7 things dietitians want you to know

July 13, 2015

Self-Paced Course: Non-Diet Academy


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A Certified Eating Disorders Registered Dietitian (CEDRD) with a master's degree in dietetics & nutrition. My passion is helping you find peace with food - and within yourself.

Meet Katy

There are so many misconceptions regarding what registered dietitians (RD's) do and what they believe regarding health and nutrition.  Our culture has such a warped view of food and what constitutes healthy eating that they assume RD's share many of these beliefs.  Here are 7 things we wish you knew:

  1. We're not judging you for what you are eating.  Thus, no need for you to make self-depricating comments to justify your food choices.  "I am going to be bad and order ____" or "You have so much self-control, I bet you don't eat ____."  The truth is that we aren't monitoring what you are eating and don't plan to offer unsolicited advice. 
  2. We eat everything too.  Those foods that you're justifying or beating yourself up over – we eat those foods too.  A normal diet is filled with the entire spectrum of food.  We are not superhumans with a special superpower to avoid certain foods.  We're just like you.
  3. There are no "good" or "bad" foods.  All foods have value because they contain nutrients, which are by definition essential for our bodies.  That's right, even things like carbs (including sugar) and fat.  The Academy of Nutrition and Dietetics (the RD's governing body) even came out with a position paper a few years ago supporting the no good/bad food approach.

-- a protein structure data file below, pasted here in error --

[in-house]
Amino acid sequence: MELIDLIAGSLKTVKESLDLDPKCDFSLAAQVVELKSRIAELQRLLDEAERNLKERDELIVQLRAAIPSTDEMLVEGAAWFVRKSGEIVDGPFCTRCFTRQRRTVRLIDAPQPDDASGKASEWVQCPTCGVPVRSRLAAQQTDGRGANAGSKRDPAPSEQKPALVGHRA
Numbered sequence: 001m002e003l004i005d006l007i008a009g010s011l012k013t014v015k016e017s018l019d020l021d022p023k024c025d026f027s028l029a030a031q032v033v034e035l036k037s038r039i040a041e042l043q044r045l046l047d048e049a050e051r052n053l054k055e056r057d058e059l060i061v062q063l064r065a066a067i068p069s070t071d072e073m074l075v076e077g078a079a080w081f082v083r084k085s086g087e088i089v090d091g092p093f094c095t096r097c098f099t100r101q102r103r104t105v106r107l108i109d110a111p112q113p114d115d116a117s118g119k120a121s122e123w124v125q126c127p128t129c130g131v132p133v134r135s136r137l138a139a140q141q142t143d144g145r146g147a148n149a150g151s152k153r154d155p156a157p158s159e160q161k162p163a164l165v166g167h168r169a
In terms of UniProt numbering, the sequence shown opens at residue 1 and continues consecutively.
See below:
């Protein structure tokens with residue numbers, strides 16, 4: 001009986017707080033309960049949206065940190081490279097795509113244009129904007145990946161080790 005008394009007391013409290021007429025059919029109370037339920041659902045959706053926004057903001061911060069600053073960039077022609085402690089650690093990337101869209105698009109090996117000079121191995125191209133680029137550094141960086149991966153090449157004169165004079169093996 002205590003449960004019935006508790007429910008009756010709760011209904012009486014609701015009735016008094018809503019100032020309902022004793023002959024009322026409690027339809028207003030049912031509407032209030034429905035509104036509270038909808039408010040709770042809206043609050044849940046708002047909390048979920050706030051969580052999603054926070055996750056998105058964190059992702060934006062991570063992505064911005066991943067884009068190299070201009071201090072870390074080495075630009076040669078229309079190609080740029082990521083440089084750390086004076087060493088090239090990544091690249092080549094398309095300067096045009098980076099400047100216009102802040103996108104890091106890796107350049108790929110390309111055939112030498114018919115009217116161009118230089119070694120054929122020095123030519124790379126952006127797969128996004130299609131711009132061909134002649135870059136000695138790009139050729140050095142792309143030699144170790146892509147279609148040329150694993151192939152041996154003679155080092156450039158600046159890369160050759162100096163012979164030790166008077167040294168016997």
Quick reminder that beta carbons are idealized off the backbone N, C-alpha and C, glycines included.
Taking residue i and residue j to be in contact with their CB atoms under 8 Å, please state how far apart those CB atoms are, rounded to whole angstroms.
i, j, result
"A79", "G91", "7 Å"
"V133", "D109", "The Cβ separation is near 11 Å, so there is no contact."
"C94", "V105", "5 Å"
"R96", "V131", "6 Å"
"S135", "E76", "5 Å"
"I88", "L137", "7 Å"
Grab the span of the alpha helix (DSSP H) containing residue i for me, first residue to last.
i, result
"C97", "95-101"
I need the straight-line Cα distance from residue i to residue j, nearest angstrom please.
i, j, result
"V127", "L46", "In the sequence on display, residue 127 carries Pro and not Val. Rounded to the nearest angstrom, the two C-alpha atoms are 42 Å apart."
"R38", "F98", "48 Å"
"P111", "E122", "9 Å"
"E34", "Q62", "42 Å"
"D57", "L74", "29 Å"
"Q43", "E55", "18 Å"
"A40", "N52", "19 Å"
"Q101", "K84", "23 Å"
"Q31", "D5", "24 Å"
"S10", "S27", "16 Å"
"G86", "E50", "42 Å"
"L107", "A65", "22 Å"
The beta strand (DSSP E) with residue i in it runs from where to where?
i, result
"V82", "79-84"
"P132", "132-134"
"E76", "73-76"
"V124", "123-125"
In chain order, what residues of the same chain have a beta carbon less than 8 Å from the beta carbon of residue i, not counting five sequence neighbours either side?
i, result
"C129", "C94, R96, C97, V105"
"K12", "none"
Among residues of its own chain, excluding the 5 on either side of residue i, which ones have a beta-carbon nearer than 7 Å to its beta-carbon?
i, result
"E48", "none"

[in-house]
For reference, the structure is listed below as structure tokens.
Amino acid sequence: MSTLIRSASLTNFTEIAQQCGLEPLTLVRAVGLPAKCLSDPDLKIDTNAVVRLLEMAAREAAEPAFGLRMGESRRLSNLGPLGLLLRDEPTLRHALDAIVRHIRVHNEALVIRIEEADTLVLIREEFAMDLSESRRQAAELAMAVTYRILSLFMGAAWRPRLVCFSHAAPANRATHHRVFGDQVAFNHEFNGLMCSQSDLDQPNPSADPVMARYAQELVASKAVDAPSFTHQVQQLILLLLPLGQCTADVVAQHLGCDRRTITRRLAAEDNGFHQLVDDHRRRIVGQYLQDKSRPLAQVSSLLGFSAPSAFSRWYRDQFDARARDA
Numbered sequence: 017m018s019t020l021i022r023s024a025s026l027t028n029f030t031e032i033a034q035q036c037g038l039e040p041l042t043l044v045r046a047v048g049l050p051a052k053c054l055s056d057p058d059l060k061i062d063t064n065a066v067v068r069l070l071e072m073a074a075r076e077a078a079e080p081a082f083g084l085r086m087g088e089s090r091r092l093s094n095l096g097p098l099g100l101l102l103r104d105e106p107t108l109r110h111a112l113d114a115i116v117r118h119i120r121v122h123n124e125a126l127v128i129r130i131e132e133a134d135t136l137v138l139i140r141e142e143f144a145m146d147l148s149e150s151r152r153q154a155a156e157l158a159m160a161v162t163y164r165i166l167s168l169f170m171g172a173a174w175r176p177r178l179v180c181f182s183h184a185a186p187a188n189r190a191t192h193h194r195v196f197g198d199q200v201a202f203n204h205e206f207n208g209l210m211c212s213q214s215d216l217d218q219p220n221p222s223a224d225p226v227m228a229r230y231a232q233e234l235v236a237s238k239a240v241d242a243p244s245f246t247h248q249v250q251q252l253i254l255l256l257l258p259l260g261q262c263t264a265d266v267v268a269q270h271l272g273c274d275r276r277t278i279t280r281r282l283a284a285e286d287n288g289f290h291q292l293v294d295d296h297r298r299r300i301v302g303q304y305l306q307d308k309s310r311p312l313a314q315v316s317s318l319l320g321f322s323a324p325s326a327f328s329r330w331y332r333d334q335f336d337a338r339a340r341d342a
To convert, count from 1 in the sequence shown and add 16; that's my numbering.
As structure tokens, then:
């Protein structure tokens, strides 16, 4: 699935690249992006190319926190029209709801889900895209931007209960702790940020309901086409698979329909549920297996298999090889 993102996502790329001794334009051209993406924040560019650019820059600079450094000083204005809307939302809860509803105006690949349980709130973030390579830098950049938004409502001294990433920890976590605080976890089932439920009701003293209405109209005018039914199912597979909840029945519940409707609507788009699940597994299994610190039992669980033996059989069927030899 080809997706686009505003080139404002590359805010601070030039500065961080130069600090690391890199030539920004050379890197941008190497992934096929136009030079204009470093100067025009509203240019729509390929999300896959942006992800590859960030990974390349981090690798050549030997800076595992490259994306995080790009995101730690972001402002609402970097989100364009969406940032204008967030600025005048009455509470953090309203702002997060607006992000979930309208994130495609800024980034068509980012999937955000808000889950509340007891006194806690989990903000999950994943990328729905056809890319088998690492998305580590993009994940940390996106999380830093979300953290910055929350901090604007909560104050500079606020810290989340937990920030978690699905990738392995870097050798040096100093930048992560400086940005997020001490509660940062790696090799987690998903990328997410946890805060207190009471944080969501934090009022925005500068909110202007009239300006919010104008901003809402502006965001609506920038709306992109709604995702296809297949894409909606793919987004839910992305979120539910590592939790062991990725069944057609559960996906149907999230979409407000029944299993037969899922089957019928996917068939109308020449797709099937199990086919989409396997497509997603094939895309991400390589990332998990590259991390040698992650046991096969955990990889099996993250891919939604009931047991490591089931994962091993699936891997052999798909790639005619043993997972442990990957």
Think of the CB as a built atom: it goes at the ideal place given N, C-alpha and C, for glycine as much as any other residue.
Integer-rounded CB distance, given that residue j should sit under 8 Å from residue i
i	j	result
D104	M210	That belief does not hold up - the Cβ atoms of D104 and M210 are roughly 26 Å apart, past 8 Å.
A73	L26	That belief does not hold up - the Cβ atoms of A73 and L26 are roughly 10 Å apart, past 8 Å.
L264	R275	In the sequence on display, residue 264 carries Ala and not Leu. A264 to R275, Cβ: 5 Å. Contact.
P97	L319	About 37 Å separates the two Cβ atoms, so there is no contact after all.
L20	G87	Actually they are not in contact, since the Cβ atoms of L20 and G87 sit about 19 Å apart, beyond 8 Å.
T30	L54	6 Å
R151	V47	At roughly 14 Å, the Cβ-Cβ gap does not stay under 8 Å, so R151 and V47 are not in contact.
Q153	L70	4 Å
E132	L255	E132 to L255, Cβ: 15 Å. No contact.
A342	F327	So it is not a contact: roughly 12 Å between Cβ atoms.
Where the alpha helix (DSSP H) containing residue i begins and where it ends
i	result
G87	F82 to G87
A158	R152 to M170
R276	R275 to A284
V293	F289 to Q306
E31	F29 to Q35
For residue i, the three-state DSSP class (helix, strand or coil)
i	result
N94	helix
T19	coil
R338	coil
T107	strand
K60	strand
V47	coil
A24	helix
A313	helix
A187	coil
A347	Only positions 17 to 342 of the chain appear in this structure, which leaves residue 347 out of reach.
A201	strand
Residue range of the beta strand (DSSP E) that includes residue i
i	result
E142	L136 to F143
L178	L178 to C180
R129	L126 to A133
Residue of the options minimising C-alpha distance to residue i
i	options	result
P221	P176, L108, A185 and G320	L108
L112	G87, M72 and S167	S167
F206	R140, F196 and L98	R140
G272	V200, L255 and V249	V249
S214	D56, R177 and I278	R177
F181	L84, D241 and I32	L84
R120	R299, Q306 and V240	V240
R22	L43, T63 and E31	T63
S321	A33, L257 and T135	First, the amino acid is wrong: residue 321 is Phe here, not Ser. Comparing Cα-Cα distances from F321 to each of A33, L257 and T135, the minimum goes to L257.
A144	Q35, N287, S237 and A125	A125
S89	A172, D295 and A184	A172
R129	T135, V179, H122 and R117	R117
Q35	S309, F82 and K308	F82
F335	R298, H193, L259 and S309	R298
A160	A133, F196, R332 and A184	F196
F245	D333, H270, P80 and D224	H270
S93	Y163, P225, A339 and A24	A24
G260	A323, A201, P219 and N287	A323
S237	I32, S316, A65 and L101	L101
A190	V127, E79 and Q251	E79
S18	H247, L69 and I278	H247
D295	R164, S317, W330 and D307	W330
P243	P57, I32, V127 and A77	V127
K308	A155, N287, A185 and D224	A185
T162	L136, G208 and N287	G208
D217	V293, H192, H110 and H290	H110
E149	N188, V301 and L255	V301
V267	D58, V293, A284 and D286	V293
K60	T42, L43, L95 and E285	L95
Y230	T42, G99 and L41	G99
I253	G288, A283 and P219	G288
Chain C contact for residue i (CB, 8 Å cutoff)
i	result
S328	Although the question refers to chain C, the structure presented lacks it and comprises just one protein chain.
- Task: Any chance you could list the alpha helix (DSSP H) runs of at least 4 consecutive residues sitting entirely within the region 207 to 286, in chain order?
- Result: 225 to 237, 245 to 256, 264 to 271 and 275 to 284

4. There are also no "superfoods."  No food exists with magical powers.  Sure, certain nutrients can have specific health benefits (think calcium for bone health), but labeling a food as a "superfood" suggests potency that just doesn't exist.  Let's be less extreme.
  5. Diets don't work.  In fact, 95% of people who go on a diet will regain the weigh they lost (if they lost any to begin with), often plus some extra pounds, resulting in a weight higher than before they started dieting.  Sorry to tell you, but there's diet (or pill) that defies this statistic.  Let's try normal eating instead, because normal eating = normal weight.
  6. BMI is crap.  We don't subscribe to the notion that you can measure a person's weight against their height and draw any valid conclusions.  Weight, health, and nutrition are much more complicated than that.  If only the rest of the medical world (especially doctors) understood this. 
  7. Stop measuring your self worth on the scale.  Perhaps even consider not weighing yourself to begin with.  For most people that number holds a lot of power over their self-esteem and mood.  It can even dictate the tone of your entire day.  You are SO much more than a number!

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